“Something old, something new, something borrowed, something blue—and a lucky penny in the shoe!”

 

midsection of woman making heart shape with hands
Photo by Pixabay on Pexels.com

 

Finally, I found that some people believe that a penny represents oneness (Get it, one) with God—the unity of the spirit and the body—reminding the finder of their ultimate afterlife.  Several of these writers went on to add that, if, however, one finds a dime, it is thought to be sent from a loved one who has passed away letting you know that you are loved and valued.

 

round silver colored liberty coin
Photo by Jimmy Chan on Pexels.com

 

Regardless of which belief(s) you wish to embrace on finding a coin, may your day, Dear Reader, be filled with good fortune, much luck, and perhaps, a random coin or two.  Just remember, I shared this advice with you, so don’t be a miser, and keep it all to yourself!

          Hmm . . .maybe I’ll start leaving random, heads-up pennies on the ground for others.  After all, I can now fully say that the penny I found gave me the good fortune of added knowledge! Who knows what a penny could provide for someone else?

 

yellow leaves green macro
Photo by Pixabay on Pexels.com

 

The Lauren Salad: A salad that will make your taste buds dance

            “The colors of a fresh garden salad are so extraordinary, no painter’s pallet can duplicate nature’s artistry.”—Dr. Sun Wolf, professorsunwolf.com

 

            “The salad is the main dish.”—Joel Fuhrman, M.D.

 

img_9467

 

            It was the colors that first attracted my attention–vibrant hues of varying shades.  From claret to crimson; deep purple to indigo; and, sunshine orange to all shades of earthy greens, this artist’s palate-like bowl seemed to have it all.  As if I were a playful, curious kitten, drawn to a piece of dangling string, my body made a beeline towards the vivid dish of food art.  

 

            “Lauren, what is that bowl of deliciousness?” 

 

            Lauren, a seventh grader who makes regular appearances in my lunchtime study hall, attempted to smile while chewing as she held up the universal sign for, “Wait one moment.”  Allowing her to silently chew, I appraised the contents of her reusable lunch bowl. From what I could tell, I saw blueberries, strawberries, and other assorted brightly hued morsels on a bed of what appeared to be lettuce.

 

img_9475

 

            It wasn’t unusual for Lauren and me to discuss food.  The previous year, Lauren had been part of my 3rdperiod, 6thgrade class, which falls during “snack time,” a time set aside for hungry middle school students to eat a quick snack at the beginning of class.  Lauren, who has a passion for good food, and dances nearly every evening of the week, typically took advantage of this time to fuel herself with mostly nutritious and yummy food choices to sustain her physical efforts.  Thus, she and I occasionally had sidebar conversations regarding her latest, or my latest, food/beverage obsessions.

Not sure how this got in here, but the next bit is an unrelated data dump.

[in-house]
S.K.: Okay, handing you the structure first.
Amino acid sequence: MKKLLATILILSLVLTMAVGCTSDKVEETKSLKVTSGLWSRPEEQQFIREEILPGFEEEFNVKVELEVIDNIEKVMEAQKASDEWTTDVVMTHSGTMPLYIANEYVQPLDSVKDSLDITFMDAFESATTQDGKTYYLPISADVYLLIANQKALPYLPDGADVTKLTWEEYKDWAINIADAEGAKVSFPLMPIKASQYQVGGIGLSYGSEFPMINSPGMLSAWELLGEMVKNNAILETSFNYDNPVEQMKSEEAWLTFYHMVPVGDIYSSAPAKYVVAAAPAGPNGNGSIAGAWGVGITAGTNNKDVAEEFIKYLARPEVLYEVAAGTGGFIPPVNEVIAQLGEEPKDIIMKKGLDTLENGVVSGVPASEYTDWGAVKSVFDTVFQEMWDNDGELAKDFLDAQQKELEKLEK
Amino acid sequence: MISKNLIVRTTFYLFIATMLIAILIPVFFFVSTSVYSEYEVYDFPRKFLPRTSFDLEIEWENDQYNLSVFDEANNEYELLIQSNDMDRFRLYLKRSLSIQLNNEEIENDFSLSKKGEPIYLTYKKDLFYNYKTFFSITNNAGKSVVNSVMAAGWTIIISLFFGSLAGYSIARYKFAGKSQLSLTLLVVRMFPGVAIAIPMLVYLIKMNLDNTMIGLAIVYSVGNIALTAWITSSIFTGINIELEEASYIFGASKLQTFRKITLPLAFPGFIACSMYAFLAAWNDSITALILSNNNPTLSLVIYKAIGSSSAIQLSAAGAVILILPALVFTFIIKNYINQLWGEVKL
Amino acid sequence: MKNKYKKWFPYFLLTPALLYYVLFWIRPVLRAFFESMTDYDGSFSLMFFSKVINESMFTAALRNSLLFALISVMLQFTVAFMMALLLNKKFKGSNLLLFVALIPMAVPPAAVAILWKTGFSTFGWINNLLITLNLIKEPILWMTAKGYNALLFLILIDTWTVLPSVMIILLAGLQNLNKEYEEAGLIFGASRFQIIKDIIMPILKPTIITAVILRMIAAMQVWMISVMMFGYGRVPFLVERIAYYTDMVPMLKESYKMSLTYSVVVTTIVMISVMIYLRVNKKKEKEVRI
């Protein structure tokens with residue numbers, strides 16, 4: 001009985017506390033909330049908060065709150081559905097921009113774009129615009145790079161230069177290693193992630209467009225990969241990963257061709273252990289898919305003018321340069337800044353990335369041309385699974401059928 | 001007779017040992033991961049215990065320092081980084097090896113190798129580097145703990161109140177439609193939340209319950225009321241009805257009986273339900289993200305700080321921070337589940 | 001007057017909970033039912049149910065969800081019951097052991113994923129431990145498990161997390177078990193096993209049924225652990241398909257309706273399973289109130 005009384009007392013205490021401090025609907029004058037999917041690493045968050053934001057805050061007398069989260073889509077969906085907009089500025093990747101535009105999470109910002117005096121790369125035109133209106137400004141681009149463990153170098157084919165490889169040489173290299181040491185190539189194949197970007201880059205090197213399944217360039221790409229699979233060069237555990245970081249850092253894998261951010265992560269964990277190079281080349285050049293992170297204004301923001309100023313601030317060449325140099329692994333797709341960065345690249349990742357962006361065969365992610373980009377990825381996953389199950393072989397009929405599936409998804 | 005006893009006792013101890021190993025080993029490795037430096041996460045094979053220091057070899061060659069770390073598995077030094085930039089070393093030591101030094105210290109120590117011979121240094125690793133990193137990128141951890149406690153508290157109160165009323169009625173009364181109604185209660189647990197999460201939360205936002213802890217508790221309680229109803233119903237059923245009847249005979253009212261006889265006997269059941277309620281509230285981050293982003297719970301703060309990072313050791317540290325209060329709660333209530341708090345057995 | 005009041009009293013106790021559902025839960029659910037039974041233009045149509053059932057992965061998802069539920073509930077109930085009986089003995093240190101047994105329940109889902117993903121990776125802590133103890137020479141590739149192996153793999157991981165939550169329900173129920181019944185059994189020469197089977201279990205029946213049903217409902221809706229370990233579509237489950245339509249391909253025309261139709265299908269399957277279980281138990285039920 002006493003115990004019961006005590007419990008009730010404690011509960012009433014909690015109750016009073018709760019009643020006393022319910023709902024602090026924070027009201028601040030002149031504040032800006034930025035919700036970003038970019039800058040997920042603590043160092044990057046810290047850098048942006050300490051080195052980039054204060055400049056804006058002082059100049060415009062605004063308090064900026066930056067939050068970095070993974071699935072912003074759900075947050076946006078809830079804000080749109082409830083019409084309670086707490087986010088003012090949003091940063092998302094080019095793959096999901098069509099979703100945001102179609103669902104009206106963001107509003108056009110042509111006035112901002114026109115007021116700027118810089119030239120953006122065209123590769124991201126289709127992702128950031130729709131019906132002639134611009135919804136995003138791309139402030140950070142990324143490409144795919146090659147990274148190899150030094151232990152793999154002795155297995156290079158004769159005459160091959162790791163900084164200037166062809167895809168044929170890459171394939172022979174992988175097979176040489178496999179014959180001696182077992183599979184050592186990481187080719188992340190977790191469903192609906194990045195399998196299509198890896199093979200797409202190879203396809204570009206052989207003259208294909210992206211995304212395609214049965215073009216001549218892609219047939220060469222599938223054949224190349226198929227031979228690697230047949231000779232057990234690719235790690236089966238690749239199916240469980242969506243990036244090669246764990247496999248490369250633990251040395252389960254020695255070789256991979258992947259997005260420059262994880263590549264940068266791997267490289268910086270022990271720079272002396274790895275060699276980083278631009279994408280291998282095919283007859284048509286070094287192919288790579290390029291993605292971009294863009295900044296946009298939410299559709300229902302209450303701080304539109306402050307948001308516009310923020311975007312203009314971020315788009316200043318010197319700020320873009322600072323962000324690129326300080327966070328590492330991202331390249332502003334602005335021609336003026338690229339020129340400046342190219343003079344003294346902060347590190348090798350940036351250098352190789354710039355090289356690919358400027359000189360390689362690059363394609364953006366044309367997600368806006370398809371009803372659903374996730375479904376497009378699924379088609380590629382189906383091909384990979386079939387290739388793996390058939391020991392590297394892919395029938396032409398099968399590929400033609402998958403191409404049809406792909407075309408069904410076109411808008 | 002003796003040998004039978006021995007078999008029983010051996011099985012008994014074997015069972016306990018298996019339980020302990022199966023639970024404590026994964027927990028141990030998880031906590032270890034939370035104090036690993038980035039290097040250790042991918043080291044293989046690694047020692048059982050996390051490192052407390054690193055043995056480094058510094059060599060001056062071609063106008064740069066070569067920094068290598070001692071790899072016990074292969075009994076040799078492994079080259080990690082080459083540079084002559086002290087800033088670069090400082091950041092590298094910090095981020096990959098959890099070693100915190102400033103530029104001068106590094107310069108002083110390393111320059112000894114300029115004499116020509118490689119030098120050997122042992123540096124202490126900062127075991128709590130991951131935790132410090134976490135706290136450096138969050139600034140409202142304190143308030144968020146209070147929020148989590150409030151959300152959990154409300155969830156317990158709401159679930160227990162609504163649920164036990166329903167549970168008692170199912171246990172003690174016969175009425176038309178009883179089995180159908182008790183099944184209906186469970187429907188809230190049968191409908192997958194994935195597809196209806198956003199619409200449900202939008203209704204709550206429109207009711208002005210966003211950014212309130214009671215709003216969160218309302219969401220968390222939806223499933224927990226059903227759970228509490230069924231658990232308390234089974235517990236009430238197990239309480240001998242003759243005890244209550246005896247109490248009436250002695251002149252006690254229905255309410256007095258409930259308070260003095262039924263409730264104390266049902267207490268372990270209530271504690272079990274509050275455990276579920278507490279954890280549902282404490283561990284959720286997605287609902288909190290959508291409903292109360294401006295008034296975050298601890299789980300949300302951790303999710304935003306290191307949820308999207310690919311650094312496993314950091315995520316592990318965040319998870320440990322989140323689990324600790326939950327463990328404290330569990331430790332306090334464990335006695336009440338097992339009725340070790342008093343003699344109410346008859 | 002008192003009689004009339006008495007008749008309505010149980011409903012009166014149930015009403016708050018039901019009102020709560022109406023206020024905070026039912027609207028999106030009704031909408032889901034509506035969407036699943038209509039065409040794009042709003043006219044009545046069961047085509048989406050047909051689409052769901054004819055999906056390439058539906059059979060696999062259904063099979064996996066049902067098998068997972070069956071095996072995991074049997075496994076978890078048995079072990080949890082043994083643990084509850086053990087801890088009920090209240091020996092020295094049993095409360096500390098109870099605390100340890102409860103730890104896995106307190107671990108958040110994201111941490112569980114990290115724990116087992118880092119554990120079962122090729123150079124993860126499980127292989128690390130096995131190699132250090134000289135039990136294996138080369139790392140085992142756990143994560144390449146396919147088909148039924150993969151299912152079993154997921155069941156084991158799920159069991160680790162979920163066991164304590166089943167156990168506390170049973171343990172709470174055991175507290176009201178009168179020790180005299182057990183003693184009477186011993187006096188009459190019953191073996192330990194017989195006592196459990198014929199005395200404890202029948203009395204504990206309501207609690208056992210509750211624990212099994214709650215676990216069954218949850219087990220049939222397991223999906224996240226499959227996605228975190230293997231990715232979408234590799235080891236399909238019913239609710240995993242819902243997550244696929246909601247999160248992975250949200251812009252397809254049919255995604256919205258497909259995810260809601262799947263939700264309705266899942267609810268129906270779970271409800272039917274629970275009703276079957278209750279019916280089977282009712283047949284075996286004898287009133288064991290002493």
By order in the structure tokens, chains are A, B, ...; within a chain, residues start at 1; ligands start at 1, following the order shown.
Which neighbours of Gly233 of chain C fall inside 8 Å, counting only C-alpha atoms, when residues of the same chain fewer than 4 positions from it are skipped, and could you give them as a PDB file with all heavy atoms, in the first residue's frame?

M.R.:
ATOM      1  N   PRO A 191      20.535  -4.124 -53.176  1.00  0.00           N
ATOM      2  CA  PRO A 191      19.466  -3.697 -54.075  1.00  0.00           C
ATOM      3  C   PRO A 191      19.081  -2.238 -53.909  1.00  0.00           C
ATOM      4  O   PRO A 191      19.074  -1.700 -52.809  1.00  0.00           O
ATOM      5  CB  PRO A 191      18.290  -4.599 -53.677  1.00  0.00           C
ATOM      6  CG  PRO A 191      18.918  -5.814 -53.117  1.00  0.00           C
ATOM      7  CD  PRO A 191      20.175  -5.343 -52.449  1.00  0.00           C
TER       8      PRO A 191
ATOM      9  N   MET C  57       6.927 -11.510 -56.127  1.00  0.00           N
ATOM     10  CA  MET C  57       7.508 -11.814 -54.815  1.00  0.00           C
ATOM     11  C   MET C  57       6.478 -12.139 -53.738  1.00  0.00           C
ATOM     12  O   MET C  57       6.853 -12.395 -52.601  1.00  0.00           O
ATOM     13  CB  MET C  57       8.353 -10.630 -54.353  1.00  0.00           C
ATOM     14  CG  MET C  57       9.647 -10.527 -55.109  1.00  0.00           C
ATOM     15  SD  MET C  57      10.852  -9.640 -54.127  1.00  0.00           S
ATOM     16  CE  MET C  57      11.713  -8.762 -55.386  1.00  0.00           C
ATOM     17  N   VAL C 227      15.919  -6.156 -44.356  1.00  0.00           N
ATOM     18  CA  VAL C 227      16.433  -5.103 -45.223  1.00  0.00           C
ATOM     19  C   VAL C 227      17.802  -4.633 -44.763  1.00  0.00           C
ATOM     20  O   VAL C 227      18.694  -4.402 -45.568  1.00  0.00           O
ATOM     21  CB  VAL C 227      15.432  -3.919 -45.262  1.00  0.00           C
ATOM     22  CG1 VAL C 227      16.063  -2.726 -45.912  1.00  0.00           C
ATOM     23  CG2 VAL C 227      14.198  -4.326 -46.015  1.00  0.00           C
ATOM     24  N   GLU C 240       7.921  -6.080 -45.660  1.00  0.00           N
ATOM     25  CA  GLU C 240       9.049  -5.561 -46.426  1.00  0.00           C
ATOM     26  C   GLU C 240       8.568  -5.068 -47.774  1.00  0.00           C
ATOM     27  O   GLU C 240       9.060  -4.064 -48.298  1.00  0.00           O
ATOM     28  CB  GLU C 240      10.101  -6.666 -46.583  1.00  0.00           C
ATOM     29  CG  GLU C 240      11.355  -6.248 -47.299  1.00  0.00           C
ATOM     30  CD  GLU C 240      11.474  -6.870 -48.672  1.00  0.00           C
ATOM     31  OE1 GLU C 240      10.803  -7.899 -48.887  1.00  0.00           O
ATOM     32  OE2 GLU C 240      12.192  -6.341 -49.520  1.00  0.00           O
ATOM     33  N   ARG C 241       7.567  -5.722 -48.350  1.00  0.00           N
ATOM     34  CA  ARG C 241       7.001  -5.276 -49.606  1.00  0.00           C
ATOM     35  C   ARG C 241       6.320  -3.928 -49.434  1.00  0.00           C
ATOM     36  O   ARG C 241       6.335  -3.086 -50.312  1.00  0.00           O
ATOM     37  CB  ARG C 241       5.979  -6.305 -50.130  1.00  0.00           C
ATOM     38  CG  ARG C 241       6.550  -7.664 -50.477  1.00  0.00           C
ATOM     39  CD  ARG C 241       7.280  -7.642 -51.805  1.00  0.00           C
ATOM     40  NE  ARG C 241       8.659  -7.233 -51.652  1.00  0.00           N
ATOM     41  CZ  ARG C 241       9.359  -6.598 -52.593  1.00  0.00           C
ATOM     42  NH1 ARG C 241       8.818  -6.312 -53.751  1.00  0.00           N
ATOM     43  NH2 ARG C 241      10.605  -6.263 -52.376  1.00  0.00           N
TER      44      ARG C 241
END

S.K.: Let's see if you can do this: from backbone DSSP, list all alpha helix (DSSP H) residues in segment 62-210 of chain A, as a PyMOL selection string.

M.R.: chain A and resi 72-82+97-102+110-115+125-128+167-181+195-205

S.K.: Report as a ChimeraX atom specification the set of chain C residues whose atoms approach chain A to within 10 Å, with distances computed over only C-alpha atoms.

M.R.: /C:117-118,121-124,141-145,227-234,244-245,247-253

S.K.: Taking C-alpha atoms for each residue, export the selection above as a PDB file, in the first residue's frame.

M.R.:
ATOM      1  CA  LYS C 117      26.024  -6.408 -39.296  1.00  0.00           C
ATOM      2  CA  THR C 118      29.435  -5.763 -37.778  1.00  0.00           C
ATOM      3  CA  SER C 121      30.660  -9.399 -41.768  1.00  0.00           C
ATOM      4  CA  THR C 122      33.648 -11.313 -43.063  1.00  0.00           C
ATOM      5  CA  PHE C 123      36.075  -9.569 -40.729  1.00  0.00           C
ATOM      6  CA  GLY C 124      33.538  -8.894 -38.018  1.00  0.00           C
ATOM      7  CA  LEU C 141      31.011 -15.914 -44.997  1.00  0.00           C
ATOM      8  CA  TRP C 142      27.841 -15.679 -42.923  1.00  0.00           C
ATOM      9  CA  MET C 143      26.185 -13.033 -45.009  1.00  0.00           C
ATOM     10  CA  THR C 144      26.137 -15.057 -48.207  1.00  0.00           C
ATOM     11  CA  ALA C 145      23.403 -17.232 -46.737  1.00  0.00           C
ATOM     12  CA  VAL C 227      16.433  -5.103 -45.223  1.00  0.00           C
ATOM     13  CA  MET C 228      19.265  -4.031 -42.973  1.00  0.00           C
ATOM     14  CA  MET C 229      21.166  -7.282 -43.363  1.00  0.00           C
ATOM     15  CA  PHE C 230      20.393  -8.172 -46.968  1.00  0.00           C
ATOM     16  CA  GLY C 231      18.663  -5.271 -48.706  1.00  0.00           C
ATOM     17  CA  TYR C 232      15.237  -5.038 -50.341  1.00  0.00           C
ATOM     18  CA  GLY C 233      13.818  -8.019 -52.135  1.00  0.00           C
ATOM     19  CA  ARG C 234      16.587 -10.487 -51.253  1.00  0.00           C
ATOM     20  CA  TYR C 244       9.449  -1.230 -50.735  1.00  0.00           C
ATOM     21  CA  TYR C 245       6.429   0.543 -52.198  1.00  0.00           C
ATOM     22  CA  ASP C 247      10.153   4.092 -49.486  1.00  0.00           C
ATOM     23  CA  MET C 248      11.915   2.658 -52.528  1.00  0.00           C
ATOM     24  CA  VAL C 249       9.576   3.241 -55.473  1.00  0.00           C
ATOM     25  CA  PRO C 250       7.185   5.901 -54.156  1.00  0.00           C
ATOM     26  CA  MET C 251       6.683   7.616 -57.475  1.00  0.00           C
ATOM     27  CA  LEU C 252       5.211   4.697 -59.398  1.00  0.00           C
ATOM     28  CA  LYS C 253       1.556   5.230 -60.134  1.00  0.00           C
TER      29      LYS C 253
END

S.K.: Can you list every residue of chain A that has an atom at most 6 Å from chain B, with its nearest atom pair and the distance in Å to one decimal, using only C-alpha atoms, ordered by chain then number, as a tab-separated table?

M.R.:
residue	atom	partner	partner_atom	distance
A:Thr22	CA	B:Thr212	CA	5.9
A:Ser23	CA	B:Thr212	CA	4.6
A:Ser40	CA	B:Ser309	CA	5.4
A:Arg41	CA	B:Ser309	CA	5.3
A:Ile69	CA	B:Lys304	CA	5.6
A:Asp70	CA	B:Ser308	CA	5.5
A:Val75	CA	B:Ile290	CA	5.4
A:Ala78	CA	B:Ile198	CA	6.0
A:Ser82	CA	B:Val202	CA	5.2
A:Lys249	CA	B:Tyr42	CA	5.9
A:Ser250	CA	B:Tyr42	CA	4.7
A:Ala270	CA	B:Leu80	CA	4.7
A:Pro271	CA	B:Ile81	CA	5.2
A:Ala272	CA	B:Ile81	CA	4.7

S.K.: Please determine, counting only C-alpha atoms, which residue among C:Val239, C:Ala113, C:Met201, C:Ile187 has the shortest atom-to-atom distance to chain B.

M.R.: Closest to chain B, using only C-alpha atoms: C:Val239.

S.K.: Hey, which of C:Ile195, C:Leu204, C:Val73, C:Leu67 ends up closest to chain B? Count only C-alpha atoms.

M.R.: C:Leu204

These brief conversations would sometimes resume during lunchtime study hall as Lauren was a regular attendee in order to best manage her time due to her after school dance schedule.  Through these conversations, Lauren and I discovered we shared an affinity for Larabars, herbal and green teas, reusable water bottles, as well as assorted types of salads and fruits.   What’s more, Lauren possesses an infectious personality, and she is able to easily flow between relaxed, silly conversations with peers to a more formal style of dialogue with adults.

 

img_9477

 

          “It’s a salad my mom and I create, but I made this one,” Lauren finally answered while still gnawing at the remains in her mouth.

 

            Once she finished chewing, she continued to describe the ingredients in her salad, explaining that the ingredients might occasionally change, depending upon what her mom is able to pick up at the grocery store. 

 

            “Well, most of the time I make it myself,” she confessed with a wry smile, eyes twinkling with truth,  “but sometimes, Mom makes it for me.”

 

img_9476 

 

            Listening carefully to the ingredients, I wandered back to my desk to eat my lunch, as I did what the students around me were doing, complete my own schoolwork as I ate.  Gazing at the contents of my lunchbox, I saw a baggie of carrot and celery sticks alongside cucumber slices. Additionally, there was ½ No Cow protein bar and ½ Larabar plant-based protein bar.  Sure, I had cleaned and cut the vegetables myself; and to be certain, I sure did love my protein bars with coffee, but my lunch wasn’t near as colorful and fresh looking as Lauren’s salad. I began to fill with pangs of food envy!

 

img_9461

 

            “Lauren, tell me those ingredients again, please? I am going to write them down, and add them to my Kroger click list. 

 

            As she told spoke, I carefully recorded each ingredient on a sticky-note.  My mind began to fill with possibilities that would be tasty additions to her salad.

 

            “Do you add any sort of dressing?”

 

            She affirmed my hunch; no dressing for her, but my mind was already thinking about how good a balsamic glaze would be, like the one I had eaten earlier in the month at Fuel in The Market in downtown Huntington, WV.  I further began thinking about how good walnuts, or crushed cashews, would be—like my favorite salad at Black Sheep, another Huntington restaurant. Then, it hit me. Granola!